The call to action should appeal to students' imaginations. Length can be slotted from a half-page to two or three pages depending upon if dialogue is used and how complicated students decide to make the action. It is important, though, to not let them burn-out too quickly. Meaning they pour too much energy into the early stages of the story and then want to just get it over as the end approaches.

Third stage is the testing of the hero. This could entail one test or several tests. Tests could be fighting different monsters such as Hercules does in the Disney animated movie, a combination of mental and physical such as exhibited in Cinderella's ordeal with her wicked step-mother and step-sisters and Luke Skywalker goes through in Star Wars. The hero can also be rewarded by receiving special gifts that will enable them to complete his final mission and/or make new friends or allies. More importantly, the hero gathers strength and courage. This stage can be targeted at a half-page to several. Again it depends upon the student's interest and ability.

Note: the third stage can be skipped and the hero can go directly to the major ordeal. Remember in writing there are formulas, but writers should always be encouraged to experiment.

Fourth stage, the hero and the shadow forces meet. This can be a dramatic full-battle conflict such as in The Chronicles of Narnia or a one-to-one battle involving might and mind like Luke Skywalker and the Emperor battling in The Return of the Jedi. The hero should face death and either escape it (by his own skill is important or they are not a hero) or become a tragic hero and save the whatever, but succumb.

The writing in this stage can take as little as half-page, but should not go beyond two pages. There is nothing worse than a drawn out climax.

Final stage—wrap-up. The hero shows they have been transformed by their experience, receives the reward, and must decide to either return to the ordinary world or stay in the special world. The wrap-up should be quick—almost abrupt. Allow the sweet flavor of victory to be tasted. All endings should not be concluded too neatly or it will turn to a syrupy-sweet ending.

Brief Look at Maya Civilization

The first evidence of the Maya people in the Mesoamerica region begins to appear along the Pacific Coast beginning in 1800 B.C. By 1000 B.C. villages with ceremonial architectural and burial mounds can be found scattered throughout what would become the heartland of the Maya civilization. By 300 A.D. the Maya had begun building the huge urban centers or polities of Copan, Tikal, Palenque, Kalakmul, Dos Pilas, Uaxactun, Altu Ha, Chichen Itza, Coba, Bonampak, and many others, large and small. The polities were each their own small kingdom controlled by a hereditary ruler. The polities often warred against each other and dynastic families intermarried, but seldom was any polity dissolved. The polities were very court-oriented city-states. On the one hand they made war against one another, and on the other, they were arranging marriages between each other. Obviously some of the courts and their surrounding neighborhoods were huge as the Maya are attributed with having the most densely populated civilizations of the time (Wikipedia).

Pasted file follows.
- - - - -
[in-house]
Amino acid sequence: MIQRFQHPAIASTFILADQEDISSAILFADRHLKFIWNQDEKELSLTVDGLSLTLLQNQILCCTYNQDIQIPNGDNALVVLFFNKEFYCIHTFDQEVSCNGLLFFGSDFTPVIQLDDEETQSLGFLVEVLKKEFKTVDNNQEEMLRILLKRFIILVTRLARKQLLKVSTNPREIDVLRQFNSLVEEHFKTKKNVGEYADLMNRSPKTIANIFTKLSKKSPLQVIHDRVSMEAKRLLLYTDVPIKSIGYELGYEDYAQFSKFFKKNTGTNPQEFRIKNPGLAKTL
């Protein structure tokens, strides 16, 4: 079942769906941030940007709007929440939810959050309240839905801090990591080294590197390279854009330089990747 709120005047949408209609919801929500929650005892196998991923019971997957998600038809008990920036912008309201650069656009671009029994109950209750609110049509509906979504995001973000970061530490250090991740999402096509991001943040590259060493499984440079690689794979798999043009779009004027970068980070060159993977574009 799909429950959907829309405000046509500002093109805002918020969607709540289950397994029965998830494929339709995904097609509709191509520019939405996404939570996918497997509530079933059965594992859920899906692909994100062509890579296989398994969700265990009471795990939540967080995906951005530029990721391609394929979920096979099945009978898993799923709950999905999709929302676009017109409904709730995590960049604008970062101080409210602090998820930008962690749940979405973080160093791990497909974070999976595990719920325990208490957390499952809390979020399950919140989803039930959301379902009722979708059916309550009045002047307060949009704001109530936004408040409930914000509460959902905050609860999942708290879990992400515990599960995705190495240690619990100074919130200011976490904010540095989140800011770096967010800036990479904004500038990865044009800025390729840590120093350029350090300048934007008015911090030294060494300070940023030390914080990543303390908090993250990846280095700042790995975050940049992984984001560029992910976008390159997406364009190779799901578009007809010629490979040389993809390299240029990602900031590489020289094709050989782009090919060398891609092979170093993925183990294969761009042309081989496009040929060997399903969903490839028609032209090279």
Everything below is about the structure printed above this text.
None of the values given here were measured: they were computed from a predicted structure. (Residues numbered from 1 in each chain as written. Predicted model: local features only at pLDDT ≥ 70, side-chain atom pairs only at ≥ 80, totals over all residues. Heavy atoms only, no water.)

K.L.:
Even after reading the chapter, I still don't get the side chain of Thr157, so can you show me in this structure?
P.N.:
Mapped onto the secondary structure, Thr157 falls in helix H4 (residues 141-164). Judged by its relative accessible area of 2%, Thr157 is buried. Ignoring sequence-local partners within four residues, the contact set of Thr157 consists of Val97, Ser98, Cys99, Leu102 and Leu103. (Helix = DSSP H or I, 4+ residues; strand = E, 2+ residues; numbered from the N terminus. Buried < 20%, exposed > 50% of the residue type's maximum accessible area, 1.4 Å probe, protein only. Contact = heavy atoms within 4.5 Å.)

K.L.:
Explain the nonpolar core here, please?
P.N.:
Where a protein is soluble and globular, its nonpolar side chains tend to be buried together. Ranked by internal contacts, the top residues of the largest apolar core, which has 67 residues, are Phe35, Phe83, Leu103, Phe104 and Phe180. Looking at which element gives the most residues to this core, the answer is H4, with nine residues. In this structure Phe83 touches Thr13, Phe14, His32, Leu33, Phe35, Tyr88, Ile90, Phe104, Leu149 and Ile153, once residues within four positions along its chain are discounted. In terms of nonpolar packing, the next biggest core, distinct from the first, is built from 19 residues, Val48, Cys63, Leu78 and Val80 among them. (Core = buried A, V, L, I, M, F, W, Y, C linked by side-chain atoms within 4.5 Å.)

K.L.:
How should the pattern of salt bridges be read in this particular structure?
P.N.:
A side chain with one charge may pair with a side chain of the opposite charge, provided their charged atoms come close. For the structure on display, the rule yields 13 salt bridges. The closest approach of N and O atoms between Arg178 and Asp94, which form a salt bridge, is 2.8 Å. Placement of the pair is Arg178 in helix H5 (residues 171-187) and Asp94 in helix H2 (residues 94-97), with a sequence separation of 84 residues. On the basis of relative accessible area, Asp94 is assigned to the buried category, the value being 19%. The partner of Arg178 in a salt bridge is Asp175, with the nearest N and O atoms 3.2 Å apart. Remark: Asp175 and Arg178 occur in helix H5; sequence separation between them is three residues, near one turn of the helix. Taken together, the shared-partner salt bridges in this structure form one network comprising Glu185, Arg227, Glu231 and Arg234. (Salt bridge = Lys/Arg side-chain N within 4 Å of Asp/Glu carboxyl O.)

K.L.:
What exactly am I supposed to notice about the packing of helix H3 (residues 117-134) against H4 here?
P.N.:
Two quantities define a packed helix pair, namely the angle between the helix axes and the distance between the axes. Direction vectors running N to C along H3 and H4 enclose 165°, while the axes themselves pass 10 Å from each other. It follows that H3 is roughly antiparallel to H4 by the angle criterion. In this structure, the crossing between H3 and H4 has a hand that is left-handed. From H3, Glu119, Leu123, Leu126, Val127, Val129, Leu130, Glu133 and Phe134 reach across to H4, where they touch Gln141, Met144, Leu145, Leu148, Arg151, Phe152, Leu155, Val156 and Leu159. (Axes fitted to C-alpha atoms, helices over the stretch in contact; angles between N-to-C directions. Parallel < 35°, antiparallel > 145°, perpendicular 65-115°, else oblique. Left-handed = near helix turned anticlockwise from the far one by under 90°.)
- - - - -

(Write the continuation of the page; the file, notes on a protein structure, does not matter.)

From 300-900 A.D. the Maya reached their golden age. While the polities remained agriculturally based and archeologists have found little evidence of one polity solely specializing in a trade, the Maya contributions to the arts, architecture, mathematics, and astronomy are significant (see individual sections below). The polities were very social among themselves and with others especially in trading goods and exchanging cultural information

Around 900 A.D. the Maya civilization began to collapse. Archaeologists have proposed theories such as the worst drought in 7,000 years, over use of the land as a part of environmental degradation, disease, political uprisings, or a combination of these as the cause. What is sure is that the Maya civilization was in full-stride and then suddenly on its knees. It is important to realize, though, that while the majority of their polities were abandoned, the people still survived.

The Spanish conquistadors arrived in the area around 1519, but the Maya people, while not as organized in the city-states as they had been, still maintained many of the surrounding villages and cities. It would not be until the mid-sixteenth century that the Spanish would finally be able to say they conquered the Maya, because the polities of the past had left the Maya region with decentralized governments.

The Maya never had a single appointed language, but the most important languages spoken today include Quiche in Guatemala and Yucatec in Yucatan. Today, the majority of the Maya have adopted Roman Catholicism, yet still maintain many of their traditional beliefs and customs. They have survived the mysterious collapse of their empire, diseases brought by the Europeans, and conquest by the Spanish along with the destruction of much of their literature and culture.

Maya Achievements in Architecture